Just to make it clear, we’re talking about a program with a facility which is modest by even lower division standards and which only has a future on the level it currently operates if it’s willing to become an even bigger punching bag than it’s already been. Idaho’s got no business being a FBS school, in other words.
And yet Idaho is exactly the kind of program which Orrin Hatch thinks is worthy of receiving largesse from the more successful. Makes zero sense.
Man, SOD is putting on the full-court press when it comes to excuse making. Here’s what he laid on Holly Anderson:
“We’re not there yet,” Dooley told SI.com, tracing the scars on the Volunteers left by Fulmer’s ousting and Lane Kiffin’s subsequent bolting. ”But all those anchors are in the past. Between three head coaches in three years, five strength coaches in that short time, a change in the presidential level, a change at the athletic director level, the NCAA cloud hanging over our program, and of course all the attrition. It put us in a challenging position, but the good news is, that’s a thing of the past…”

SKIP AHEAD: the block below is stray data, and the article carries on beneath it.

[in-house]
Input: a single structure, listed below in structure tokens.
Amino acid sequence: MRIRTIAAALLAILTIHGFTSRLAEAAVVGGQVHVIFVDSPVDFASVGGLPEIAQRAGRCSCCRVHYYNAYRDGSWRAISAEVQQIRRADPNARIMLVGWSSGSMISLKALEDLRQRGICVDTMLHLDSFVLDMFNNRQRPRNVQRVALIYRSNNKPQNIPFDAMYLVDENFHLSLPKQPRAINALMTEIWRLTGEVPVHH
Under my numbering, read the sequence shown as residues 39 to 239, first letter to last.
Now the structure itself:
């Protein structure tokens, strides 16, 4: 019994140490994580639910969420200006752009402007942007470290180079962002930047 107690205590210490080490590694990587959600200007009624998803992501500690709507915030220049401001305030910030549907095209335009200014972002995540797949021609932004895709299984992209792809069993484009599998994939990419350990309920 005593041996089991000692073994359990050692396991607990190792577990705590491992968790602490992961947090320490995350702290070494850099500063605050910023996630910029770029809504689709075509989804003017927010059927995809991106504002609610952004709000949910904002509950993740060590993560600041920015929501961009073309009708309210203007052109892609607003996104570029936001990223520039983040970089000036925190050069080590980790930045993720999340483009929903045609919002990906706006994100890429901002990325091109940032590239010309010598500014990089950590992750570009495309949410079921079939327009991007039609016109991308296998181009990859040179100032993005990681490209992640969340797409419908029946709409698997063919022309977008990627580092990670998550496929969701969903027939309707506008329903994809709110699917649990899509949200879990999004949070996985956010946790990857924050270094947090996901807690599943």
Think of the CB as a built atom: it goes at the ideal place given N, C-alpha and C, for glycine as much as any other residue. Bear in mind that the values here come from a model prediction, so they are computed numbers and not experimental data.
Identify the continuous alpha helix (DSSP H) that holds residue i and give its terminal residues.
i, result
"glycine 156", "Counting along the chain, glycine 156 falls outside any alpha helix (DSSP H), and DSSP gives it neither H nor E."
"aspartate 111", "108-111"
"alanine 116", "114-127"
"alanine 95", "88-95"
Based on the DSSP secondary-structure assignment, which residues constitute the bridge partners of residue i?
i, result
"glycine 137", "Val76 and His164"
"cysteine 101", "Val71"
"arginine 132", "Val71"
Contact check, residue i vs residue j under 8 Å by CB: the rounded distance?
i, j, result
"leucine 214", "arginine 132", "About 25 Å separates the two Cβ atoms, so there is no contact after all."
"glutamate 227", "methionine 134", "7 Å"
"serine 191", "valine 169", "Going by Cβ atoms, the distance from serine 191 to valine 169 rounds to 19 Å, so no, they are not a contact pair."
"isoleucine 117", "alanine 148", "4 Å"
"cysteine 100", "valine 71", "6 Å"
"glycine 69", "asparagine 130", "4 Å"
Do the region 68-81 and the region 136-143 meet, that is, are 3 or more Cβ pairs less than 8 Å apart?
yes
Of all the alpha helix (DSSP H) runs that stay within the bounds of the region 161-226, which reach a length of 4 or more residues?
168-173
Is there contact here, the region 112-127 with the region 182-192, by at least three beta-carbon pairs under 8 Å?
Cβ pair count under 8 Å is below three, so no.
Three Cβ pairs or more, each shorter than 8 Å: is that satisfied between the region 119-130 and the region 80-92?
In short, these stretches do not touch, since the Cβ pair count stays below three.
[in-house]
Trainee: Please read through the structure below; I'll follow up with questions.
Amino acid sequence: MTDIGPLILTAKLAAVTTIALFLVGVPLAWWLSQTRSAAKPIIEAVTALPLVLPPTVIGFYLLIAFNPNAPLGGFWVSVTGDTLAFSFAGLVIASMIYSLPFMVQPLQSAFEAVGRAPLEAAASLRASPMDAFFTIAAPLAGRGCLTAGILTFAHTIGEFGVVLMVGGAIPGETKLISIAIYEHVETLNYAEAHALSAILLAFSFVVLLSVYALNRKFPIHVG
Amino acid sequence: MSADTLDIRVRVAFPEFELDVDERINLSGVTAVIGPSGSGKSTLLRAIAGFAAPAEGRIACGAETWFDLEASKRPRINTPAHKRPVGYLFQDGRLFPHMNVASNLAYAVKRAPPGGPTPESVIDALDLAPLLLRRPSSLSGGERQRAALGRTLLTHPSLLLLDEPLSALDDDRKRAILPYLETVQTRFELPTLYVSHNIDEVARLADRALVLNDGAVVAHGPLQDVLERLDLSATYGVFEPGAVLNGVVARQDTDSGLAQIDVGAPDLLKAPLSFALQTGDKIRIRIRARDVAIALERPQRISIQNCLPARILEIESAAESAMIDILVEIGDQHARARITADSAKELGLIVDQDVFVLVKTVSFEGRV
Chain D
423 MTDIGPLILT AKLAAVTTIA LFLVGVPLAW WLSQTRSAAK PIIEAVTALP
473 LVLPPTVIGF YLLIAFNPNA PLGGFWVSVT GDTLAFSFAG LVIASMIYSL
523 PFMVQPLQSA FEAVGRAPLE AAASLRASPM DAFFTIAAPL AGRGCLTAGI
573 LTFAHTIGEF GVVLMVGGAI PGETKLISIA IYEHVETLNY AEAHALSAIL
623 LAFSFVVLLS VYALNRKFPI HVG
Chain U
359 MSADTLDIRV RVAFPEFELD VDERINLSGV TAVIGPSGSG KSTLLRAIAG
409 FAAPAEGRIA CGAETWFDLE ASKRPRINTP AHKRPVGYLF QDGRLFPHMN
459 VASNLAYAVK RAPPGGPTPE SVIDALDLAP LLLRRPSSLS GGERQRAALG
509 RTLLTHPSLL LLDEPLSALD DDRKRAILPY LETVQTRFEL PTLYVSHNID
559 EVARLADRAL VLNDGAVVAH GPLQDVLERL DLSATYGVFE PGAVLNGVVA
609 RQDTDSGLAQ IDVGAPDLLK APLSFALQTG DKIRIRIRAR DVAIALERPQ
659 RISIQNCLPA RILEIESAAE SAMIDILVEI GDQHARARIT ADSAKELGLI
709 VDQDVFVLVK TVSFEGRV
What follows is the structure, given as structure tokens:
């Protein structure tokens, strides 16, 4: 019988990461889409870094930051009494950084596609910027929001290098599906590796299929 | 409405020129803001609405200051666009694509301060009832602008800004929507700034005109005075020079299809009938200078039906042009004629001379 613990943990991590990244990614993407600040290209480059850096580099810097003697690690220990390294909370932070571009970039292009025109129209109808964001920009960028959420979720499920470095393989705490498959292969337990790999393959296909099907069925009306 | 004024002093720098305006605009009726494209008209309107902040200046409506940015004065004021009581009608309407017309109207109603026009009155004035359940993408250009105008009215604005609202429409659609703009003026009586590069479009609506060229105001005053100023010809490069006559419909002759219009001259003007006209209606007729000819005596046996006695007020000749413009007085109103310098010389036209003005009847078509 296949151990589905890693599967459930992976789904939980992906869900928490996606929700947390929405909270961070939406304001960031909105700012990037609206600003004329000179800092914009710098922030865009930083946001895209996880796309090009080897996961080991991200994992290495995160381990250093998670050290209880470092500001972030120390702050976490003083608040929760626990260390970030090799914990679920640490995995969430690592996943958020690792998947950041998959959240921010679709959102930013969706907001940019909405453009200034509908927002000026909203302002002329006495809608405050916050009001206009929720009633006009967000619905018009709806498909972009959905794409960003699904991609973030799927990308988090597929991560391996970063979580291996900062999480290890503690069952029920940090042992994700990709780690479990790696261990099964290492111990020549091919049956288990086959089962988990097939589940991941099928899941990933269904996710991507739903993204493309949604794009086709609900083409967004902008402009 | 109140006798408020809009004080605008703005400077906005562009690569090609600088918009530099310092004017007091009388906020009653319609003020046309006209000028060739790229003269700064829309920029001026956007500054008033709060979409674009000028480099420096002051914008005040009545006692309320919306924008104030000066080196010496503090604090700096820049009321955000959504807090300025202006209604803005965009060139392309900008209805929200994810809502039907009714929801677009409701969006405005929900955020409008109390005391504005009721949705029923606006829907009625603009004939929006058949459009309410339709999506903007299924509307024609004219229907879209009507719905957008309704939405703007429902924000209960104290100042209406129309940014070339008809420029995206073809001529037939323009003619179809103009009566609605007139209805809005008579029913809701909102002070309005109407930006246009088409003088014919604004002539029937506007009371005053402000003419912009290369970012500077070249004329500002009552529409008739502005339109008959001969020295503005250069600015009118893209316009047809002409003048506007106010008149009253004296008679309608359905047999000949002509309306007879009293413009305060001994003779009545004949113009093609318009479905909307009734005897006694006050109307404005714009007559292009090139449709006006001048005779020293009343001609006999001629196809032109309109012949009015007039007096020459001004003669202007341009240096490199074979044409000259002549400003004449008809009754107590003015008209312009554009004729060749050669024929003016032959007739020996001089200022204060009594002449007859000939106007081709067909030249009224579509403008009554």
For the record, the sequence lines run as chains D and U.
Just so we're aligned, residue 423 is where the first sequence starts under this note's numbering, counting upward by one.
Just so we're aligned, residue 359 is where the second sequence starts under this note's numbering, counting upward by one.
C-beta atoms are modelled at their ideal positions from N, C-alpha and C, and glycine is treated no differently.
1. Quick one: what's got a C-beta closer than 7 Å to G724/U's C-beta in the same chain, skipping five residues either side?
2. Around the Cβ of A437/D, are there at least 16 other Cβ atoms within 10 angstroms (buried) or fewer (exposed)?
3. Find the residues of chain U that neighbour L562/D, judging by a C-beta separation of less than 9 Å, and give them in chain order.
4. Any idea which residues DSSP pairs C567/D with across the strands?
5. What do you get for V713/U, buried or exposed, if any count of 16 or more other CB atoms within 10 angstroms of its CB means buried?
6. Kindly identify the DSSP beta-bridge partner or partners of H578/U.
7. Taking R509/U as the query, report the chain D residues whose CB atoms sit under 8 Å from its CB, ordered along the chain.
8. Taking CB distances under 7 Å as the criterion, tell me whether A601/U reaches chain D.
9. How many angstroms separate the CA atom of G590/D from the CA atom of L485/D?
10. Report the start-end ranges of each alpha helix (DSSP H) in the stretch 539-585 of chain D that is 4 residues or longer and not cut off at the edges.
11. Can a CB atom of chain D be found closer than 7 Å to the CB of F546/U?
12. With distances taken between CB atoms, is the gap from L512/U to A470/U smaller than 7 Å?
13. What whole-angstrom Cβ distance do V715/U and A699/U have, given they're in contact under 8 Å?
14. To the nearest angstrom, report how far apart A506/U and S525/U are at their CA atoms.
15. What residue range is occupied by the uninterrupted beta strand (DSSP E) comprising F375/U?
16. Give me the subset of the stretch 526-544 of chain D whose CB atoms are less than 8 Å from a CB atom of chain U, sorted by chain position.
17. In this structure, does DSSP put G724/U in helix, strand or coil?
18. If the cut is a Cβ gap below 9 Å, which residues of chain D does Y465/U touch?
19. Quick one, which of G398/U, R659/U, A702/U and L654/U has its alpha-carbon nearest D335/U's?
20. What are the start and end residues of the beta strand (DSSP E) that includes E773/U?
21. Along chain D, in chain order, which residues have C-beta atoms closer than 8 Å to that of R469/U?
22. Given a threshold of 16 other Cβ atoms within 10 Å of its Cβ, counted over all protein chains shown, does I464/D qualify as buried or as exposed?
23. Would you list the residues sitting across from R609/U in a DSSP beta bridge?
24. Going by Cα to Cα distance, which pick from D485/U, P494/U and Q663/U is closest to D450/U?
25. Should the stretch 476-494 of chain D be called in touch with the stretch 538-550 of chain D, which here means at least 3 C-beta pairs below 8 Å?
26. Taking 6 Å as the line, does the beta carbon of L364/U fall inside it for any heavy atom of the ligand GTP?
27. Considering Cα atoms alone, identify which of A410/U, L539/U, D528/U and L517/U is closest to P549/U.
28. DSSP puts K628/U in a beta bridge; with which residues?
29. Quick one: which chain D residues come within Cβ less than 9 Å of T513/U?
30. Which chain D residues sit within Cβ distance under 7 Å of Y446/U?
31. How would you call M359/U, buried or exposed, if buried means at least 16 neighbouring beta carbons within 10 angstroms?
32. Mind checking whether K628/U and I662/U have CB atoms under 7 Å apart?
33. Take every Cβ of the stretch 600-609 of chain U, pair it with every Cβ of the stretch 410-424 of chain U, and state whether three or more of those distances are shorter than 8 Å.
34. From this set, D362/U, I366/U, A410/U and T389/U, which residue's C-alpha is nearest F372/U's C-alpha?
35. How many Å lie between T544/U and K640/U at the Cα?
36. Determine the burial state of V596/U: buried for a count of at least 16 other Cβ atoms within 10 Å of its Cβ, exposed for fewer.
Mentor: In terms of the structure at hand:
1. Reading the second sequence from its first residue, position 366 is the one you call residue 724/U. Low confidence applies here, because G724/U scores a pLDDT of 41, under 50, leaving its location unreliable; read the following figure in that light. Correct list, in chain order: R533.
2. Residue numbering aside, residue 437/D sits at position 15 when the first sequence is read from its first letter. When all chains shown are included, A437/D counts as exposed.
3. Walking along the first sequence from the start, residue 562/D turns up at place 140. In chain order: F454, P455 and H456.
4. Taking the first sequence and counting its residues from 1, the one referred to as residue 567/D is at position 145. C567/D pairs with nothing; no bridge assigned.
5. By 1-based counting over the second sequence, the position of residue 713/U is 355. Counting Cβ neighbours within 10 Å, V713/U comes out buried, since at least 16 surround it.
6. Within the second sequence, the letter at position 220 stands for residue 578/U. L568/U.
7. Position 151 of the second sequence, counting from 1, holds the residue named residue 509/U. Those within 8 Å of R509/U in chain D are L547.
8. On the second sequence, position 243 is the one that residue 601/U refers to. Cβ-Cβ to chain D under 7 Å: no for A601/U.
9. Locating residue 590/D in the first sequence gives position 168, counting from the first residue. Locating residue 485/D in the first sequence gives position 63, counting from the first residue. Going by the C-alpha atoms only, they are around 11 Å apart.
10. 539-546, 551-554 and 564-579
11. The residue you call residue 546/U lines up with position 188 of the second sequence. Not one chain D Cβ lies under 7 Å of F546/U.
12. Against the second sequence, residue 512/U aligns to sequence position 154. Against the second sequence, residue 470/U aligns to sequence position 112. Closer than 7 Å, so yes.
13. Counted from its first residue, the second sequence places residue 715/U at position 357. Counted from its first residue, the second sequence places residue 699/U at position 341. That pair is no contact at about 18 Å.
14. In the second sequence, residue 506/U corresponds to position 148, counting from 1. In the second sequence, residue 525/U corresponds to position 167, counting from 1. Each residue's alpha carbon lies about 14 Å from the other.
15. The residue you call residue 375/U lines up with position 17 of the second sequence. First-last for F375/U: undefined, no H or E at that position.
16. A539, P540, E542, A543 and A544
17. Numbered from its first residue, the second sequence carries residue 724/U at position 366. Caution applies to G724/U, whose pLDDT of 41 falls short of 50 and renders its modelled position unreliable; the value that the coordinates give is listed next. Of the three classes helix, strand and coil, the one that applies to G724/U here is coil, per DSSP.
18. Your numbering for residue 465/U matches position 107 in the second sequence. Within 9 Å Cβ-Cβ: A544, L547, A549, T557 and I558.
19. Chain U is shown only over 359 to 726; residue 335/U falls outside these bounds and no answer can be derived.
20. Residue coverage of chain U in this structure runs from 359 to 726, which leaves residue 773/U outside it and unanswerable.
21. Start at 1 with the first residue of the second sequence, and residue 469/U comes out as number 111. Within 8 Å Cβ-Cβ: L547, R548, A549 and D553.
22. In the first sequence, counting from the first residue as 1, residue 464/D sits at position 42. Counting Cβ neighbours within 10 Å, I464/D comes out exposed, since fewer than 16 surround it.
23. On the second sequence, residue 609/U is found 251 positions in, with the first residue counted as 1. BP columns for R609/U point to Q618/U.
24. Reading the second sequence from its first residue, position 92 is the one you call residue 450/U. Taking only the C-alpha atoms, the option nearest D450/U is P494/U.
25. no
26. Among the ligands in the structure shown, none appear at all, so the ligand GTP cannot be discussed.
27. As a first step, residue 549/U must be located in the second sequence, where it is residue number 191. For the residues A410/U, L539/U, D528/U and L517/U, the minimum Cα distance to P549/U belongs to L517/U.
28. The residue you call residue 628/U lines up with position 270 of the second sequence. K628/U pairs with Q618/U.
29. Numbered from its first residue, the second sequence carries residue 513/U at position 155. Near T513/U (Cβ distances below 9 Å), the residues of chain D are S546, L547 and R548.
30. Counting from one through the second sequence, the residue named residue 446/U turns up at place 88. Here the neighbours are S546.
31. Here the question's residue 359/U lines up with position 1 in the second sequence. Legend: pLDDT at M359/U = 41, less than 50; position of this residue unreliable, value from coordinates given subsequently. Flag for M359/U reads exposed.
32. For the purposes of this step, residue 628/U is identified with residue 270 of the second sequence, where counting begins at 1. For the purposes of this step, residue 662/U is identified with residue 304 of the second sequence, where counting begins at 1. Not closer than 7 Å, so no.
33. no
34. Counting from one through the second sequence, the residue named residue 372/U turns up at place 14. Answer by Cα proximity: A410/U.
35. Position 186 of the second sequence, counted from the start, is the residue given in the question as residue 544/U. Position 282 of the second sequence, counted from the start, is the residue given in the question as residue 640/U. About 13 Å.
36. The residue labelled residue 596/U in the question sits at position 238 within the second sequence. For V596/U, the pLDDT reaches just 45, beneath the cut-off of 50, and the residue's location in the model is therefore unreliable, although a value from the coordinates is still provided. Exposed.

And if all those changes aren’t enough to making you feel sorry for the man, there’s the litany of bad luck from last season that Tony Barnhart recounts in this piece that’s as eminently predictable as you’d expect.
Dooley’s got his injured players back. He’s got more depth. He’s got assistant coaches with whom he claims he’s more simpatico. And the schedule is softer, to boot. So how many wins does Tennessee have to notch this season for SOD to puff his chest out and proclaim that the Vols are back?